I think that you'll find the performance penalty is irrelevant.  It doesn't
matter how many constructors and destructors are called.  In this context,
all the sub-constructors/destructors can be fully inlined.  Even if they
couldn't be, the overhead of six function calls is completely irrelevant
compared to the overhead of reading from a file descriptor.  The deleting
and re-allocating of the buffer is more expensive, but even that is likely
to be dwarfed by the I/O costs.  Please do feel free to try it out and get
actual numbers, but my guess is that you'll find no real difference.

As for code cleanliness, I find the Reset() method awkward since the user
has to remember to call it at the same time as they do some other operation,
like seeking the file descriptor.  Either calling Reset() or seeking the
file descriptor alone will put the object in an inconsistent state.  It
might make more sense to offer an actual Seek() method which can safely
perform both operations together with an interface that is not so easy to
misuse.

On Sun, Jan 17, 2010 at 2:46 PM, Jacob Rief <jacob.r...@gmail.com> wrote:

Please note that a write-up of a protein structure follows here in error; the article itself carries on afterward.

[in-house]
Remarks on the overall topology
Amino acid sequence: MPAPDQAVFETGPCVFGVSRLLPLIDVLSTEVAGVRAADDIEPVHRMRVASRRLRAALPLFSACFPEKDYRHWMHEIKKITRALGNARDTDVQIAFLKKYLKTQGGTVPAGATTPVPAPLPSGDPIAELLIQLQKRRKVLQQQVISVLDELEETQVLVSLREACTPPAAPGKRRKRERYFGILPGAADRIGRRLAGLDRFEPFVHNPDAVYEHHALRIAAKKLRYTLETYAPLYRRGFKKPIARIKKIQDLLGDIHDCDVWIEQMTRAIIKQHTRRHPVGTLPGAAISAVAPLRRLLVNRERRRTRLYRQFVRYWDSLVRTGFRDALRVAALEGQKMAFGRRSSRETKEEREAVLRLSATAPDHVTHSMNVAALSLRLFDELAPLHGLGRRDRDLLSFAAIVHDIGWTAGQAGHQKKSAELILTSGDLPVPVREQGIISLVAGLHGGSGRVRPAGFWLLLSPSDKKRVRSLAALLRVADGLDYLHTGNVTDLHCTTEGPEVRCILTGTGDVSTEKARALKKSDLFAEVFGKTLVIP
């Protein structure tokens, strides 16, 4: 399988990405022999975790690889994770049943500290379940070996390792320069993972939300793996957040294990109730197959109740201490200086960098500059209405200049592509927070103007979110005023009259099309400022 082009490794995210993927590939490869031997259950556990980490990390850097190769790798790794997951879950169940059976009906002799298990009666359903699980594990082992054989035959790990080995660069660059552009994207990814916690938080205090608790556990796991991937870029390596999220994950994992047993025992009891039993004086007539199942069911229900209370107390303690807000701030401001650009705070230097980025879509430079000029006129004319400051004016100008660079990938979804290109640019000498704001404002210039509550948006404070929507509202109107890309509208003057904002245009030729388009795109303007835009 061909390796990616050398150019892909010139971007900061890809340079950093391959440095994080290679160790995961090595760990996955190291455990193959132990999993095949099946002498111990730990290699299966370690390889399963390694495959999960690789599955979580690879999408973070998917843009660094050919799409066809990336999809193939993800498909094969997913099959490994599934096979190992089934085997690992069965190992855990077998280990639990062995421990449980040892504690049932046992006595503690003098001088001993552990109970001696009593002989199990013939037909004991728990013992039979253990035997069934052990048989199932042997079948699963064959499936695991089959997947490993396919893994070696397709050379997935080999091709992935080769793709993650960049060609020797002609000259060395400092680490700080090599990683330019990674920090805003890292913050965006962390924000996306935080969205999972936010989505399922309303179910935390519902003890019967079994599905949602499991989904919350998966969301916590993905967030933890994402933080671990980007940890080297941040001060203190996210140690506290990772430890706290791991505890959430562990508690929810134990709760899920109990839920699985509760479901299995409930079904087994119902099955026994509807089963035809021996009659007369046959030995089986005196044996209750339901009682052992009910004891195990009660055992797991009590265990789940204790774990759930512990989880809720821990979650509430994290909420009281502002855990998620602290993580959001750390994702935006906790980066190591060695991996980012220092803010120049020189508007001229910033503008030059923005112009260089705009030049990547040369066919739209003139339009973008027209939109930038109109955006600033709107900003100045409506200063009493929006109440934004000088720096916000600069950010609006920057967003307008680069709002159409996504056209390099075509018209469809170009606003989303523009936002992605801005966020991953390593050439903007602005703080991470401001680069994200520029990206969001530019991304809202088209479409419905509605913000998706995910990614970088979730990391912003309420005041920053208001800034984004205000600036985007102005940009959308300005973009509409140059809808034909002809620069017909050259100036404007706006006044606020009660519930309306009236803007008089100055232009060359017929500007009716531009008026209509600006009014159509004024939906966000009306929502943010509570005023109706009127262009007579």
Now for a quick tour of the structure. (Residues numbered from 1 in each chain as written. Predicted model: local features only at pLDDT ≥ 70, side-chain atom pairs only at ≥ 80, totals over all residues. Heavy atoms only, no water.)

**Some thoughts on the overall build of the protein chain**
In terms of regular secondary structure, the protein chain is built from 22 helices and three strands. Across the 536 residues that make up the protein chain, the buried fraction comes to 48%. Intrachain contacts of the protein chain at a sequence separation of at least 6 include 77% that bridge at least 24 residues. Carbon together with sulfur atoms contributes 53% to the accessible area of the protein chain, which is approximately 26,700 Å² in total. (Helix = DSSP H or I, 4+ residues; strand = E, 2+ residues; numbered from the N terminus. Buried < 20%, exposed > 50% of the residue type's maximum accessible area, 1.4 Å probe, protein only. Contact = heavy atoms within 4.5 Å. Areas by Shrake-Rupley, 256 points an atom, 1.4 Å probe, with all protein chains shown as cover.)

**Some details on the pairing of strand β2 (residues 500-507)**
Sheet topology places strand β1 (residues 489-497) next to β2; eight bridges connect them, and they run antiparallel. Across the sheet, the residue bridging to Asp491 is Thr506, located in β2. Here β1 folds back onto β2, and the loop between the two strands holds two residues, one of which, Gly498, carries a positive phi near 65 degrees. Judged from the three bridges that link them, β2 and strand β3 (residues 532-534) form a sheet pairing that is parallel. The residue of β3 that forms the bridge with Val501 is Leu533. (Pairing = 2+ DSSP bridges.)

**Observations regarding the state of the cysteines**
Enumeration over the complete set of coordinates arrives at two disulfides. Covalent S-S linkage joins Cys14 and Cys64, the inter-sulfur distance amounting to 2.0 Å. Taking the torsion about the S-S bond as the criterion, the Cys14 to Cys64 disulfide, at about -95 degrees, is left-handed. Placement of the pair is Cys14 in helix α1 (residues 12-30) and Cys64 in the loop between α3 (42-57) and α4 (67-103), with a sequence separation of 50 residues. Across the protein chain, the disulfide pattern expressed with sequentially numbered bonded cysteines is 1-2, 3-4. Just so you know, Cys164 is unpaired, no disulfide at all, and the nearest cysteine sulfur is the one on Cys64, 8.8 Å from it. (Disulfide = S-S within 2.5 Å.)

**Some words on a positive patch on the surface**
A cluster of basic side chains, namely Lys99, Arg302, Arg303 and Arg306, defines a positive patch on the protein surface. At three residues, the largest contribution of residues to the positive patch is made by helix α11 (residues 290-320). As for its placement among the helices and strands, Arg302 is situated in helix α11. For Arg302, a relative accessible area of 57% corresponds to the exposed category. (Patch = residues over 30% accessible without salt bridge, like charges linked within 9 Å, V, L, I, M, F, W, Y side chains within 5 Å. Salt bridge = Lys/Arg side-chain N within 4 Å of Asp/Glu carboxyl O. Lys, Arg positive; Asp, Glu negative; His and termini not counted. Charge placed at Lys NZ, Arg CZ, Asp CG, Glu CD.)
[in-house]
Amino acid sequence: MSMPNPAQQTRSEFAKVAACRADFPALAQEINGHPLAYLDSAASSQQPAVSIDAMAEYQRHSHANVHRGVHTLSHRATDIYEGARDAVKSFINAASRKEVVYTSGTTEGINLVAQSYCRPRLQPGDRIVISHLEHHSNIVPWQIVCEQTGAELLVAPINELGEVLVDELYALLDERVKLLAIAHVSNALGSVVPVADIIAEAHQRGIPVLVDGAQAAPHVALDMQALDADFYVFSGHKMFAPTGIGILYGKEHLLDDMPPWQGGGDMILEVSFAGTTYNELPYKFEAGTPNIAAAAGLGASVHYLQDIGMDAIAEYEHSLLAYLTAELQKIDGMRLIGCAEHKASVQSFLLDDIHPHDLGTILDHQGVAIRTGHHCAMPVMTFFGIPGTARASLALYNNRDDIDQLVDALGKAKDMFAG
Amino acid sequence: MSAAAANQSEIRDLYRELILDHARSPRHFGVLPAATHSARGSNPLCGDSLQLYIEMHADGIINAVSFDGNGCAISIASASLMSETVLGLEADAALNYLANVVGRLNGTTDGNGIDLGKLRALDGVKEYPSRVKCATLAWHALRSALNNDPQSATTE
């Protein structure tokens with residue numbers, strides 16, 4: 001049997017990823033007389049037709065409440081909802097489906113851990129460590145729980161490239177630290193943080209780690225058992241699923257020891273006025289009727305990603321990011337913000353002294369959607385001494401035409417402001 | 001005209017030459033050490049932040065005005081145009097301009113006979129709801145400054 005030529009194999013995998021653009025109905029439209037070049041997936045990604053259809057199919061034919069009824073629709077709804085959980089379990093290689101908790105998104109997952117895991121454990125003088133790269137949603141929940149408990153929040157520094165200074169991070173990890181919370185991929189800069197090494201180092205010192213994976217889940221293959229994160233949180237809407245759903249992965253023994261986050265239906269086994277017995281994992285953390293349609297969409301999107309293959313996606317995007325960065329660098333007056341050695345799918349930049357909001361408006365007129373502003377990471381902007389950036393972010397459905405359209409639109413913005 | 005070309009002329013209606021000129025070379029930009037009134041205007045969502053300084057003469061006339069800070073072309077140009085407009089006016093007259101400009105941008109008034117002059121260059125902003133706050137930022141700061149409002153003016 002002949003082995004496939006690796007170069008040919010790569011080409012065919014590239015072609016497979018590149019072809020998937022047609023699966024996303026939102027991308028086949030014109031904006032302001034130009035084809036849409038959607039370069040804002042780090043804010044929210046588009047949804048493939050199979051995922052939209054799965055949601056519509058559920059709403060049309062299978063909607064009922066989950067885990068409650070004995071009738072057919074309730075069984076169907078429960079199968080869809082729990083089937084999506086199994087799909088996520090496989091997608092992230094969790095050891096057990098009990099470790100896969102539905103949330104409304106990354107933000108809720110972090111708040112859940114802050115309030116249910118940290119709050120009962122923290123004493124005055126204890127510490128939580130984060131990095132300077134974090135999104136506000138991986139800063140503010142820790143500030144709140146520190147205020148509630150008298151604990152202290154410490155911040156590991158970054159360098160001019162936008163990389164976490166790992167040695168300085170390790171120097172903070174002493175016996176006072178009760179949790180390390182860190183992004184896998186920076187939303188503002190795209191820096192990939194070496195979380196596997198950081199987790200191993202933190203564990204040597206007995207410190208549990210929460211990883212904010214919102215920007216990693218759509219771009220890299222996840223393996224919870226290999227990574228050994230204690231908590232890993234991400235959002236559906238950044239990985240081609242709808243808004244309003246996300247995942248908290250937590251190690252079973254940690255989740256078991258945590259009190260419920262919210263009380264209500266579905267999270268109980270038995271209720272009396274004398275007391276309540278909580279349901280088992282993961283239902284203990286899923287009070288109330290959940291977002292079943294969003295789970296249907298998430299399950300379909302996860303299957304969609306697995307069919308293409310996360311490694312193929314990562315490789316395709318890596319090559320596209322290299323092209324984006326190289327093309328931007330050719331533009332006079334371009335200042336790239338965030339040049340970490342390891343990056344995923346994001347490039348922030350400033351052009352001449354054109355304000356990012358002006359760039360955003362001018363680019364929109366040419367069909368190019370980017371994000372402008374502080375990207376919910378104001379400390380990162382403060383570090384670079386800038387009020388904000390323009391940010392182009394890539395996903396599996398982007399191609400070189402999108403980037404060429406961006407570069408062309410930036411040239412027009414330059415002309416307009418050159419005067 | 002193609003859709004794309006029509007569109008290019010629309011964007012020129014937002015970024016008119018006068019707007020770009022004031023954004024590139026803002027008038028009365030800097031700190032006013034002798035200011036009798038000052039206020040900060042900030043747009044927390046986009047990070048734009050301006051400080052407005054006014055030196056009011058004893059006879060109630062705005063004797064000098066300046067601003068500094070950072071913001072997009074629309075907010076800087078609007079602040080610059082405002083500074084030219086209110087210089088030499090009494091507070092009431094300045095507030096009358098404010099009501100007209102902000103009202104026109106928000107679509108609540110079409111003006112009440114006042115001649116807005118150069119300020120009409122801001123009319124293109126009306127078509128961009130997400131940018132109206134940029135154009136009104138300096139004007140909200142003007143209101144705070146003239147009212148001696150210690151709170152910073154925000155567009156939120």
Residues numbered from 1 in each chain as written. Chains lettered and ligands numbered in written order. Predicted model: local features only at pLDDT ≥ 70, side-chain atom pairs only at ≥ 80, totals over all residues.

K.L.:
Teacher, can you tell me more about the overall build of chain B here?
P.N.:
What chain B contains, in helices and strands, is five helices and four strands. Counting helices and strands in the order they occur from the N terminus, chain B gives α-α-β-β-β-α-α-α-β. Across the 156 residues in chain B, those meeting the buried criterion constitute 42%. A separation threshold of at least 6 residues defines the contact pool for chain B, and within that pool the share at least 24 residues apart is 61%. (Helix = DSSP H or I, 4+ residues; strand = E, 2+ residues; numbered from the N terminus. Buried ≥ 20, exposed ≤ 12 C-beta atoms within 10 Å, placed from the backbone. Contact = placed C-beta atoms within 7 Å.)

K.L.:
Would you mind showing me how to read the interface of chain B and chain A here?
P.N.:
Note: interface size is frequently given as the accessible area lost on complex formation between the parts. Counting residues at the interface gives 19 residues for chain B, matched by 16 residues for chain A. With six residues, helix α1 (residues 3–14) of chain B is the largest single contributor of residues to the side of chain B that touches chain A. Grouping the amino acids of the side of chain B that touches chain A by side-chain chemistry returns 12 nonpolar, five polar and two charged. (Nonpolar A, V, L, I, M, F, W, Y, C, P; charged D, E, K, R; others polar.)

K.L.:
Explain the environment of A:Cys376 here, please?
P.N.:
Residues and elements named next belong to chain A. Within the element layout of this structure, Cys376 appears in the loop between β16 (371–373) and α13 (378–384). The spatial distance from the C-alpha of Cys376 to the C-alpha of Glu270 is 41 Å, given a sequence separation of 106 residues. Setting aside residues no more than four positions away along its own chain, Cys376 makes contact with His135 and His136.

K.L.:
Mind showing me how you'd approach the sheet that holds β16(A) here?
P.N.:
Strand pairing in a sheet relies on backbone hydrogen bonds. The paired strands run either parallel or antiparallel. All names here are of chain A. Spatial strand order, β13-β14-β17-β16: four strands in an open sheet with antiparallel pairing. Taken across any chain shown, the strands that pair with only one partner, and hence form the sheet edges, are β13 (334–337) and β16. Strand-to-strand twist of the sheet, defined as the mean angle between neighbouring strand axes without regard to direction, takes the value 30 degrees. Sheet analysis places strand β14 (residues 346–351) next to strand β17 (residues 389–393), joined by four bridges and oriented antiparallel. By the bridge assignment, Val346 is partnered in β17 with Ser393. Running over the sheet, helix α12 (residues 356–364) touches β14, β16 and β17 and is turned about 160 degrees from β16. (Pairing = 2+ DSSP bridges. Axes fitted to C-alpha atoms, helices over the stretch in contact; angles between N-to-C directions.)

> Hello Kenton,
>
> > What makes you think it is inefficient?  It does mean the buffer has to
> be
> > re-allocated but with a decent malloc implementation that shouldn't take
> > long.  Certainly the actual reading from the file would take longer.
>  Have
> > you seen performance problems with this approach?
>
> Well, in order to see any performance penalties, I would have to
> implement FileInputStream::Reset() and compare the results with the
> current implementation, (I can do that, if there is enough interest).
> I reviewed the implementation and I saw that by reinstantiating a
> FileInputStream object, 3 destructors and 3 constructors have to be
> called, where one (CopyingInputStreamAdaptor) invalidates a buffer
> which in the "Next() step" immediately afterwards has to be
> reallocated. A Reset() function would avoid these unnecessary steps.
>
> > If there really is a performance problem with allocating new objects,
> then
> > sure.
>
> From the performance point of view, its certainly not a big issue, but
> from the code cleanness point of view, it is.
> I have written a class named LzipInputStream, which offers a Reset()
> functionality to randomly access any part of the uncompressed input
> stream without having to decompress everything. Therefore this Reset()
> function is called quite often and it has to destroy and recreate its
> lower layer, ie. the FileInputStream. If each stackable ...InputStream
> offers a Reset() function, the upper layer then only has to call Reset
> () on the lower layer, instead of keeping track how to reconstruct the
> lower layered FileInputStream object.
>
> Regards, Jacob
>
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